Gonzalez showed in the first fight that he is more accurate, and more active. If he’s also got more in the gas tank, it’s hard to see what Sor Rungvisai can do better. Gonzalez has to be wary of the head clashes and stay off the floor early when Sor Rungvisai’s power will likely be sharpest. It says here he can.

Gonzalez may not have years of wars left in him but he’s got enough to outwork, outhustle, and outfight Sor Rungvisai and set the record straight after the March controversy. The pick is Gonzalez by decision.

Report Card and Staff Picks 2017: 32-12

Cliff’s Notes…

Of course the main event isn’t the only thing that has hardcore fans thrilled about this weekend…In the semi-main event, look for WBO 115 lb. titlist Naoya Inoue (13-0, 11 KO) to dazzle in his HBO debut against Antonio Nieves (17-1-2, 9 KO) with a stoppage that generates the sort of buzz it’s intended to…In the televised opener, we might just get the fight of the night. Former WBC super flyweight champ Carlos Cuadras (36-1-1, 27 KO) faces former unified flyweight titlist Juan Francisco Estrada (35-2, 25 KO) in a main event worthy affair. Cuadras has a big personality and is tricky but Estrada is one of the most fundamentally sound fighters in boxing. Cuadras may build an early lead but the precision, combination punching, and ability to build momentum from round to round, will serve Estrada well. The pick is Estrada by decision to secure a WBC mandatory crack at the winner of the main event…Finally, all of the good fisticuffs aren’t in the US this weekend. Somehow the first round of the World Boxing Super Series at cruiserweight, one of the best tournaments ever assembled in any class, has no US TV in the quarterfinals. For those who can see it, or find it later on YouTube, expect this to be one man’s end of the road. Marco Huck (40-4-1, 27 KO) has had an excellent career and been around the title picture for over a decade. His last outing, a drubbing loss to Mairis Briedis, left the impression of a spent force. He’s facing the young leader of the class in Olympic Gold medalist and reigning WBO titlist Oleksandr Usyk (12-0, 10 KO). The thinking here is the favorite to win the tournament gets off to a big start with a stoppage win in Germany…Enjoy the fights wherever you are on this loaded boxing weekend.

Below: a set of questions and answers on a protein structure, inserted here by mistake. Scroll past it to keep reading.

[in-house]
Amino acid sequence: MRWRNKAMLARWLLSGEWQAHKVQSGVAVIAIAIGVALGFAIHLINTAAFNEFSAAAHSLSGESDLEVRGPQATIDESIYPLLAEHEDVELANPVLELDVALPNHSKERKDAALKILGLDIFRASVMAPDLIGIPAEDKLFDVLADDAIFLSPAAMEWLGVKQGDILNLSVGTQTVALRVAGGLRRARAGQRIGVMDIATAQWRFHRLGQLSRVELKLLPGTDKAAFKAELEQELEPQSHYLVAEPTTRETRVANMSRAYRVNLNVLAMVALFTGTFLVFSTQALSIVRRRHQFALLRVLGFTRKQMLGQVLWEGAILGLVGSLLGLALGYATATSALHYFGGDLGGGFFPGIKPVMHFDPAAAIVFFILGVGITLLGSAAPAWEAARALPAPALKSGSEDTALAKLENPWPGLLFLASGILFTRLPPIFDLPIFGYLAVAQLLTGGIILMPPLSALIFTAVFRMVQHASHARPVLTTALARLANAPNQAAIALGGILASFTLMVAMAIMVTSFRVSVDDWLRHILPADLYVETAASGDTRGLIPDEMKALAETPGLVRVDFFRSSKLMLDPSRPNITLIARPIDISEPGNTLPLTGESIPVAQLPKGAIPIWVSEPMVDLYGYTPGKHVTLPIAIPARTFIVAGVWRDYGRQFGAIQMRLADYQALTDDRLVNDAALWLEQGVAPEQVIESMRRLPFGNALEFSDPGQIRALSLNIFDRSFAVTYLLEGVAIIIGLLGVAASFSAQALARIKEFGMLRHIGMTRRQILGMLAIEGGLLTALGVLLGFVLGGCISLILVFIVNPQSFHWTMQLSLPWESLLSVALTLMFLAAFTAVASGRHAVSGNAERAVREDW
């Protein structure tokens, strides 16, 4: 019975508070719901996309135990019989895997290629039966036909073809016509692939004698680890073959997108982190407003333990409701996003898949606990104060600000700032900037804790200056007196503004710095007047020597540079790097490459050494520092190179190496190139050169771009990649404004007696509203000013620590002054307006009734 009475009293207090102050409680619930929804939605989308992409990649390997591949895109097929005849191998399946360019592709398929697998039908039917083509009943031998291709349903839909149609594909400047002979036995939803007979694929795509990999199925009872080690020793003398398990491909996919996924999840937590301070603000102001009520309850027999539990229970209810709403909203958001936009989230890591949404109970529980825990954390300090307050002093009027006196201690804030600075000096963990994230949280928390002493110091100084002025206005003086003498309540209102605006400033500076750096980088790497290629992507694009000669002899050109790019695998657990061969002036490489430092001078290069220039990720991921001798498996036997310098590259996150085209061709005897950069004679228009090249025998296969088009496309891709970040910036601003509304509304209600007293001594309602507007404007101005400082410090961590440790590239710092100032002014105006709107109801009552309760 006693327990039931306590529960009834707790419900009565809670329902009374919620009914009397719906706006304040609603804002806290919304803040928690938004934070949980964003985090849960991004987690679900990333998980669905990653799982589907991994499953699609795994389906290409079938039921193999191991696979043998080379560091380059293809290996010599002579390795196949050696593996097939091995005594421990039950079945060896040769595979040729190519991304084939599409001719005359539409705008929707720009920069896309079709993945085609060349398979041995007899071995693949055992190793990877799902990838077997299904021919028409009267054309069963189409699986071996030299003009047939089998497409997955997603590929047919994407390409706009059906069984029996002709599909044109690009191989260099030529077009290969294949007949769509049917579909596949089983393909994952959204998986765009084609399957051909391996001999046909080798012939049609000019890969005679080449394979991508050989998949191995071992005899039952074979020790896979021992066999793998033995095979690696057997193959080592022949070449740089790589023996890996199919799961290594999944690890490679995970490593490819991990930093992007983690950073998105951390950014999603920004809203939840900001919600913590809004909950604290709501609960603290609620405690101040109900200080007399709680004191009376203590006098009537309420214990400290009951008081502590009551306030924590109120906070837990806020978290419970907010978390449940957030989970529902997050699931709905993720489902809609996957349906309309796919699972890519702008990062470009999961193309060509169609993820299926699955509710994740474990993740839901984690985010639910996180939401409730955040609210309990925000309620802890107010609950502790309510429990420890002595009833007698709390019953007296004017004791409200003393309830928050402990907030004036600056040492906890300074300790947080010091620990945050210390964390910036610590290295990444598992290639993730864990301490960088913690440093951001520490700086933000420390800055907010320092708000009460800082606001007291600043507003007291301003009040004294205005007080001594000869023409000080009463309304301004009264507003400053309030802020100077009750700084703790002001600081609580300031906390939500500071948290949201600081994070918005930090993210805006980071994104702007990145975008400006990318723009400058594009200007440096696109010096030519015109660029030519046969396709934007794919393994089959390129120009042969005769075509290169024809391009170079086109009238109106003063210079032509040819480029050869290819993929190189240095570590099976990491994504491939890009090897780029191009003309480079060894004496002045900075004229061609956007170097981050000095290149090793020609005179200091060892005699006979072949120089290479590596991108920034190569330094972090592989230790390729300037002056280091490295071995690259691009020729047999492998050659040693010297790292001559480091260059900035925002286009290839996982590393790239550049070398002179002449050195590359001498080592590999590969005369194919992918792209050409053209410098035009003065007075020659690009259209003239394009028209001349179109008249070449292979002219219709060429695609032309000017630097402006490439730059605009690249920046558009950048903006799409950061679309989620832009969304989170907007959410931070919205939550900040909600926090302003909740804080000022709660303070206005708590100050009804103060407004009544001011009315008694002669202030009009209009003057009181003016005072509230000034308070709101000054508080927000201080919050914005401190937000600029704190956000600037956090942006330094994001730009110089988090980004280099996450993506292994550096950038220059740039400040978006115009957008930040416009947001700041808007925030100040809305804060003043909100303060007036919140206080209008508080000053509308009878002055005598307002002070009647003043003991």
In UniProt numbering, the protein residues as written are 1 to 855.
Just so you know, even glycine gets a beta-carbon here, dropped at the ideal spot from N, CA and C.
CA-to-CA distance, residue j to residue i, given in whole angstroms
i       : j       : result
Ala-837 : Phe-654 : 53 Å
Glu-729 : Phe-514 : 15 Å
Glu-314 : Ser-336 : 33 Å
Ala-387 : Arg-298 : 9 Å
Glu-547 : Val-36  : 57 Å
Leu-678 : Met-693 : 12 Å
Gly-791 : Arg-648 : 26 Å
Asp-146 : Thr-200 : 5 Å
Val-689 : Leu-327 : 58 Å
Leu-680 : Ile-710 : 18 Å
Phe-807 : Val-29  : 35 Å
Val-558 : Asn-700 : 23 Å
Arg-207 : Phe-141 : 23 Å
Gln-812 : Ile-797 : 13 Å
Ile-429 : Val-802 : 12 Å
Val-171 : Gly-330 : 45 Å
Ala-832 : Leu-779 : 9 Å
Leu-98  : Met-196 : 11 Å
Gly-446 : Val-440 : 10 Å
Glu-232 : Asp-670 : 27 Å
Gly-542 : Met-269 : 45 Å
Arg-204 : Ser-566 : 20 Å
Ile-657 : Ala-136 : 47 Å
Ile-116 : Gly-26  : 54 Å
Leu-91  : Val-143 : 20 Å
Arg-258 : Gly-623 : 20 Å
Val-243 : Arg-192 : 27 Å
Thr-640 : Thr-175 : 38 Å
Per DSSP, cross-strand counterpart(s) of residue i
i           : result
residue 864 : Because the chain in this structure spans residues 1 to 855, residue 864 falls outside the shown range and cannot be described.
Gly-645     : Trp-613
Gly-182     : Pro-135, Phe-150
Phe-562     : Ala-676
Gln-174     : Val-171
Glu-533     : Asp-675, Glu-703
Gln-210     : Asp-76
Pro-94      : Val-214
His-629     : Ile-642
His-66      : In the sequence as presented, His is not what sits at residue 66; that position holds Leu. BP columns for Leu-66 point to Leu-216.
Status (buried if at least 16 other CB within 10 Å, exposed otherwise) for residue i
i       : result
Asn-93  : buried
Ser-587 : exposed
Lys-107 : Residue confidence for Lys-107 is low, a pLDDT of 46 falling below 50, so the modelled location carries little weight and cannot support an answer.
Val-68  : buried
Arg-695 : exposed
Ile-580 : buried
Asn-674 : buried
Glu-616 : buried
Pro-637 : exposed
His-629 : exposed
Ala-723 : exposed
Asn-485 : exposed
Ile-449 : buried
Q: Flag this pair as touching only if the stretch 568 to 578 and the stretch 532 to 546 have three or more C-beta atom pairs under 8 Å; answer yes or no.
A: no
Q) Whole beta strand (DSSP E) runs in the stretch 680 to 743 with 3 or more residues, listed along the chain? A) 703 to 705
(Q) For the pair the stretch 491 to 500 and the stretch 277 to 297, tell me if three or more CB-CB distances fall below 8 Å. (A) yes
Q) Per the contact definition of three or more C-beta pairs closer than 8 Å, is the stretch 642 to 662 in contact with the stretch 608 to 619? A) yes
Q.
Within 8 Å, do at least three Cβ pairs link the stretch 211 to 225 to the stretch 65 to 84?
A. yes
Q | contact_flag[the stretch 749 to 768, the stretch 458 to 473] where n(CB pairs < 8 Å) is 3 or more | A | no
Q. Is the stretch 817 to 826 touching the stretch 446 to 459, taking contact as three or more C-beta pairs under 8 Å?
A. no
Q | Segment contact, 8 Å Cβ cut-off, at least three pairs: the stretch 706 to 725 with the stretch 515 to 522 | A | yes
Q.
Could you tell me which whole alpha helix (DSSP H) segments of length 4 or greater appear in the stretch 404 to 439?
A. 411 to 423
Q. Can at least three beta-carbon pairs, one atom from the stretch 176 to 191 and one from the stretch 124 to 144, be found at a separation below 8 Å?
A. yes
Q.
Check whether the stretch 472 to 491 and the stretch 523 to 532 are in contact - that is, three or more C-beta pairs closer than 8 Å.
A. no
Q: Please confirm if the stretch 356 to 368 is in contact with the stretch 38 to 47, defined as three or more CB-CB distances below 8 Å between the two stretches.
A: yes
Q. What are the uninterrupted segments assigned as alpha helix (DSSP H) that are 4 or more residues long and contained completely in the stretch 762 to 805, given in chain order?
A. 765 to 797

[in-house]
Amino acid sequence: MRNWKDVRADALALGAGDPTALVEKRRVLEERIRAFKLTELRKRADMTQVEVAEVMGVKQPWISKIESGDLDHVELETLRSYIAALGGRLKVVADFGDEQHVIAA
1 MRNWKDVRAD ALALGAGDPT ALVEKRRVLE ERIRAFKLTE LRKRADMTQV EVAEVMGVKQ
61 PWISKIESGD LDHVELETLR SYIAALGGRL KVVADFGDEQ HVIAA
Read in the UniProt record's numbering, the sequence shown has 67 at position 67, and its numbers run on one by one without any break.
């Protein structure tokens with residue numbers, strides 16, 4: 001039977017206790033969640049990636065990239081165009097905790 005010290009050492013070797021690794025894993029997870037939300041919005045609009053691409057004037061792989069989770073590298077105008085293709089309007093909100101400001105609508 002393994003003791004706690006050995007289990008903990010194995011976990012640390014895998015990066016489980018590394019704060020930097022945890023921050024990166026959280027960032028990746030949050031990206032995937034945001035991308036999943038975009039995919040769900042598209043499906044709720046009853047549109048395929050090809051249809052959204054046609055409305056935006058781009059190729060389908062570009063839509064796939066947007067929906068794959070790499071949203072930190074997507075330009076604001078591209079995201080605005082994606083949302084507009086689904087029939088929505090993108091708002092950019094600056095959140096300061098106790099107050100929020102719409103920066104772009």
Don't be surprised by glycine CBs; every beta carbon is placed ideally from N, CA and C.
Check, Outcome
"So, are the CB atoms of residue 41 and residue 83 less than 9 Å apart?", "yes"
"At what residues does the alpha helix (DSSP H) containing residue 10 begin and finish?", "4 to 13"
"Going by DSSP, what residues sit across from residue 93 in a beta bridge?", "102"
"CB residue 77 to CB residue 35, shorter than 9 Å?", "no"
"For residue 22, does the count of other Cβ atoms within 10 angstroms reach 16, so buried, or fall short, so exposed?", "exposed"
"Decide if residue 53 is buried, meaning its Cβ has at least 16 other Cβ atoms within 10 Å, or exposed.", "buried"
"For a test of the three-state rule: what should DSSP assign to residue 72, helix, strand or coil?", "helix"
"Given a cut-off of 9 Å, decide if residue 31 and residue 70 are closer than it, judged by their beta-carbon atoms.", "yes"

Cliff Rold is the Managing Editor of BoxingScene, a founding member of the Transnational Boxing Rankings Board, and a member of the Boxing Writers Association of America.  He can be reached at